In a recent talk, I was asked how I make nice figures of polyhedra for my slides. I do almost everything in 2D and in gimp. Here’s how.
Step 1 Find a base image
I’m assuming you’ve done the hard part already – which is finding an image or a layout of your vertices somehow. Let’s say you have an image you like, but you don’t like the colors. Or maybe you have a photo of an interesting polyhedron, but it wouldn’t make a suitable figure.
I’m going to start with this zoomed in photo of my d120 from the Dice Lab here:
Step 2 Trace!
I’m not above tracing. It gets the job done. What are layers for? Amiright?
Step 3a Fill in the faces
So here’s my awesome trick. I take a photo of a cueball, or any white sphere really.
And use the color picker on it to get what color each polyhedron face should be. Use the eyedropper on the point on the sphere that points in the same direction as each polyhedron face, and then bucket fill the face with the relevant picked color.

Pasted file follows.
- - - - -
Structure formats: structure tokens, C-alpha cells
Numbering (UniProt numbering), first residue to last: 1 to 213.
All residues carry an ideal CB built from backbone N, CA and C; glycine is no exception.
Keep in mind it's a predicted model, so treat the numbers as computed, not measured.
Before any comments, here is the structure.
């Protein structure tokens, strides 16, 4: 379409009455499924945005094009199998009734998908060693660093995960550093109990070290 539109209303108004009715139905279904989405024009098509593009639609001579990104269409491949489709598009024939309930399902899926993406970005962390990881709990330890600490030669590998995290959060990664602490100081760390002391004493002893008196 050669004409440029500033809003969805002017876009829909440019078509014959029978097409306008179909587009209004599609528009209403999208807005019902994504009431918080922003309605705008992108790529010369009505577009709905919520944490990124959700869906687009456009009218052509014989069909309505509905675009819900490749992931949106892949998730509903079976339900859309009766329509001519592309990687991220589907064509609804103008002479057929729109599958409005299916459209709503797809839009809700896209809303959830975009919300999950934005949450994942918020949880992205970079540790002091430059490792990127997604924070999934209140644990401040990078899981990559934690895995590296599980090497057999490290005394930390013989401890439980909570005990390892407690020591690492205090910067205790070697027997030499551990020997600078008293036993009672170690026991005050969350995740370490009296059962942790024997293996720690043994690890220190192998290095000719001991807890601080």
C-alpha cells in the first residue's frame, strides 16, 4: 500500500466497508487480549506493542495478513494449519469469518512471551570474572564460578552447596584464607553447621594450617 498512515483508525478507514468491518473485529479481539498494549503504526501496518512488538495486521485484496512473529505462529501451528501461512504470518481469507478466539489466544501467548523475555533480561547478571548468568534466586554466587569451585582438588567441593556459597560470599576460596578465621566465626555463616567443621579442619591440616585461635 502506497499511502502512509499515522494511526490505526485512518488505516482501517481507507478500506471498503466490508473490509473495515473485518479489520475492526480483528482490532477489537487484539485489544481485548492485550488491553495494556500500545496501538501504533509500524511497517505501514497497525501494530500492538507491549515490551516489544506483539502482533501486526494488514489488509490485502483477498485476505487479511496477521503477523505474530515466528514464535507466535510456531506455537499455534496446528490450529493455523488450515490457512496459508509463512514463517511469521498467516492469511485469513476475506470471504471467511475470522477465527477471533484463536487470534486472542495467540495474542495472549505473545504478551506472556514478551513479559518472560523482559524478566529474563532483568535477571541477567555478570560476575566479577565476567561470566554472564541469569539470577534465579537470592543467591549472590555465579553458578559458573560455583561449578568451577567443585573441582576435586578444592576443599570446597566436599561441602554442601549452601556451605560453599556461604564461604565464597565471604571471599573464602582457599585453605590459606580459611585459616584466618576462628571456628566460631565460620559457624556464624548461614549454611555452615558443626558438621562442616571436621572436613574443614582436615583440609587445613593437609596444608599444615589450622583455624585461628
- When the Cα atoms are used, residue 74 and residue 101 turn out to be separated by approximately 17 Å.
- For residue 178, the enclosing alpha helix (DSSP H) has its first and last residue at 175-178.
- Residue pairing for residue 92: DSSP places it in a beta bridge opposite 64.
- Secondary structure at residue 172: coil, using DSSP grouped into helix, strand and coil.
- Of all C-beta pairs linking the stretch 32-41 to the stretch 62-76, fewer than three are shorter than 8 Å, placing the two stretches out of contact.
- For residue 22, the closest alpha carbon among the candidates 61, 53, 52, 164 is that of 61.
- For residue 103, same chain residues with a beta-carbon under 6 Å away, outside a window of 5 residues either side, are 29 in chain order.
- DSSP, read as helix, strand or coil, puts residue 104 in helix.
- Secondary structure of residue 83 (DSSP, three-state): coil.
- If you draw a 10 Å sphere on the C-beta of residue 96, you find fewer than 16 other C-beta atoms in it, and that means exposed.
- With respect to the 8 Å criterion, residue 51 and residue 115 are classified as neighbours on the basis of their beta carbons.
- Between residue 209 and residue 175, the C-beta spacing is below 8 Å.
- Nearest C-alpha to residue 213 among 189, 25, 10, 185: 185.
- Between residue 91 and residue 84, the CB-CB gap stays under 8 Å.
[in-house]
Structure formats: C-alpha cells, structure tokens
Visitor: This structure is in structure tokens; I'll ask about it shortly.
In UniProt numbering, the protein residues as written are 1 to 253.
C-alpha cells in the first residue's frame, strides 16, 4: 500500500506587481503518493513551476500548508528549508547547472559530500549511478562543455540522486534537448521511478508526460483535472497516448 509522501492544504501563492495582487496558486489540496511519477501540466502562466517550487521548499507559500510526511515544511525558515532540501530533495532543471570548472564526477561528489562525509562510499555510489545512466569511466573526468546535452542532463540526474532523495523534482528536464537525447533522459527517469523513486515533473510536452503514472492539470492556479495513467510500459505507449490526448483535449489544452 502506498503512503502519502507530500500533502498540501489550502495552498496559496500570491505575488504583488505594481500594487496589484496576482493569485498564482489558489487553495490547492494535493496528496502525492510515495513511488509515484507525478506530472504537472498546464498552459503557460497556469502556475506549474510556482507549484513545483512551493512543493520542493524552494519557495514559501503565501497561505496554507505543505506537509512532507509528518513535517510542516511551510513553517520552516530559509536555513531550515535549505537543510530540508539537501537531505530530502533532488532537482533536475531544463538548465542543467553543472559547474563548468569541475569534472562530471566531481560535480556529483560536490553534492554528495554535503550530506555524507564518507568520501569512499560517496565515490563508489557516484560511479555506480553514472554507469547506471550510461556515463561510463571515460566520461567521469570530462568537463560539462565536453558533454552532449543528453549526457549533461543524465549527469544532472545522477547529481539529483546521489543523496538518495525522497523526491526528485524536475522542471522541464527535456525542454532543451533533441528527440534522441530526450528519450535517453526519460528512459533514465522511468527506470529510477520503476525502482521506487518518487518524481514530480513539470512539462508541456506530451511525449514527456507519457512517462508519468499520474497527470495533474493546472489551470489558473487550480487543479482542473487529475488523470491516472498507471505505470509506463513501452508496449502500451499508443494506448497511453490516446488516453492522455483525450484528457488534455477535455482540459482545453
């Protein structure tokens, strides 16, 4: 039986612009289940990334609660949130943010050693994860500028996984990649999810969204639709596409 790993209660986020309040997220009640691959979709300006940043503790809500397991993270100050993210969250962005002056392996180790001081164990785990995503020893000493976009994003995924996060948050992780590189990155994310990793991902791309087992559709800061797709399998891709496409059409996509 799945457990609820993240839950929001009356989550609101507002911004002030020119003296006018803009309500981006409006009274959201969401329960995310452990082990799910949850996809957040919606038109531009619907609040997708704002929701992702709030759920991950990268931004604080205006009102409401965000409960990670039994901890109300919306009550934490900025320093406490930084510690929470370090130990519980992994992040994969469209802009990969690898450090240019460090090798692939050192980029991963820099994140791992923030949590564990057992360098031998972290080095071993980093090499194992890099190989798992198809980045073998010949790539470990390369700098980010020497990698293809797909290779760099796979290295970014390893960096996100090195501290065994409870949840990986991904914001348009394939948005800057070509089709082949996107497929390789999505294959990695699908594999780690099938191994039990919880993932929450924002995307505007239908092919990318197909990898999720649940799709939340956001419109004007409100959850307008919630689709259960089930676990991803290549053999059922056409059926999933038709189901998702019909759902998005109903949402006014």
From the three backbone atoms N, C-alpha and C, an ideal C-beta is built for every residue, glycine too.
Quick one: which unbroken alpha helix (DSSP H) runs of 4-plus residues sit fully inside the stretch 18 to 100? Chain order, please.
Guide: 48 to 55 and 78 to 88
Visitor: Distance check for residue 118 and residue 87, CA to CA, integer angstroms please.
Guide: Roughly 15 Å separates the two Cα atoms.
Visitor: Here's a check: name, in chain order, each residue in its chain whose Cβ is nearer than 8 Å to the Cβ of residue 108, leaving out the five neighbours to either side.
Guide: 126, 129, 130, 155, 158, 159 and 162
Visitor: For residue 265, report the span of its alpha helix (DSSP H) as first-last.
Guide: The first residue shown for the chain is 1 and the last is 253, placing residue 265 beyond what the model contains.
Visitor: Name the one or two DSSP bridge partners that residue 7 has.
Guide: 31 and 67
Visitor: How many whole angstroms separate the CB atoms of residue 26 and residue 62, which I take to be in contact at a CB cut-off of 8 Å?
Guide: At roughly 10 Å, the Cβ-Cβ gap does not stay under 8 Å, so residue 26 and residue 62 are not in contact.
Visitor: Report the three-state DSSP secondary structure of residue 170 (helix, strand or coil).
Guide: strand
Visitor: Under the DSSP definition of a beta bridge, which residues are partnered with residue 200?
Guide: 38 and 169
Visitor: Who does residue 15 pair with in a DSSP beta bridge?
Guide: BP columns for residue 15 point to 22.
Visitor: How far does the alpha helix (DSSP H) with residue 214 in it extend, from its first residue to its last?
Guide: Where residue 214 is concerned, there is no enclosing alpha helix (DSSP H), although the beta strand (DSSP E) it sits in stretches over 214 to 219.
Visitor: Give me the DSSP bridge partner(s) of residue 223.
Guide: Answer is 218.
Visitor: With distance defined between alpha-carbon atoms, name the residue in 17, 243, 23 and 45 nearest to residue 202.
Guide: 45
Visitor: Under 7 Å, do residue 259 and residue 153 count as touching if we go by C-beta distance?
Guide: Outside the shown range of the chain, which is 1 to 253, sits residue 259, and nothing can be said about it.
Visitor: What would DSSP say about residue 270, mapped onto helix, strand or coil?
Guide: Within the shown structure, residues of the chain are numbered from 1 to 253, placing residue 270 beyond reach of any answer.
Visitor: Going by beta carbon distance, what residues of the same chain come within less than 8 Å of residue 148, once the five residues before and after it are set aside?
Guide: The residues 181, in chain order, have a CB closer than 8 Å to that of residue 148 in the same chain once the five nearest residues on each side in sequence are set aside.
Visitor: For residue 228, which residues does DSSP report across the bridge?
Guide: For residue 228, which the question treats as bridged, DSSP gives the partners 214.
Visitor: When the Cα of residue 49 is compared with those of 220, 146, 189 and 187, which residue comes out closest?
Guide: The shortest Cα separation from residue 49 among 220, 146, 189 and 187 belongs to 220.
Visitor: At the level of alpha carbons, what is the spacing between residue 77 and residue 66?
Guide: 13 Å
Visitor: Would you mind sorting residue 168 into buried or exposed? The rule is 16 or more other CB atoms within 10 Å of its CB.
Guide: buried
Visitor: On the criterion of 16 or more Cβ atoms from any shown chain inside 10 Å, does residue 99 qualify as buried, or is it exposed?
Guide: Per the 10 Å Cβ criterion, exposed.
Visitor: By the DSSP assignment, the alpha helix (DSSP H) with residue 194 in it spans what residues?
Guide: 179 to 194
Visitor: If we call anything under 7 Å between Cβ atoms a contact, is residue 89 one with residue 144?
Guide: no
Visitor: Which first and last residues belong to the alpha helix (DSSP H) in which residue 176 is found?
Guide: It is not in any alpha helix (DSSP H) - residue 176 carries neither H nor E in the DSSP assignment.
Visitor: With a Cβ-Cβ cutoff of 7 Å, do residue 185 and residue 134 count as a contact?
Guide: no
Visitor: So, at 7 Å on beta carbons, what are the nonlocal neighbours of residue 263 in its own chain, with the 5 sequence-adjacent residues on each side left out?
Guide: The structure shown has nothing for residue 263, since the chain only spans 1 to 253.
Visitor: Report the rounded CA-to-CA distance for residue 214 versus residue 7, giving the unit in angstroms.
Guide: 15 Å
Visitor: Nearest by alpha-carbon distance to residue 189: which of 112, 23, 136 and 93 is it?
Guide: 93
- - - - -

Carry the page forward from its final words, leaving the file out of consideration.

Is it anywhere close to perfect? Not at all. Is it good enough? Damn straight.
Consider adding color with a judicious use of layers. For example, duplicate the polyhedron layer and set it to multiply. Add colors by filling each face with the desired face color. Then the multiply layer will preserve the 3D effect.
Step 3b Add a wire cage effect
I cheat a lot. Sometimes when I want my polyhedron to look like a wire cage rather than a solid. I’ll duplicate the traced wire frame layer, rotate the duplicate 180 degrees and reduce the transparency. It looks like this.
Remember that white sphere I used in Step 3a? You can copy it to your clipboard, and then with the right settings you can use your clipboard as a brush, to make ‘atoms’.
Here’s an example I did earlier where I clicked a sphere onto each vertex of the front layer: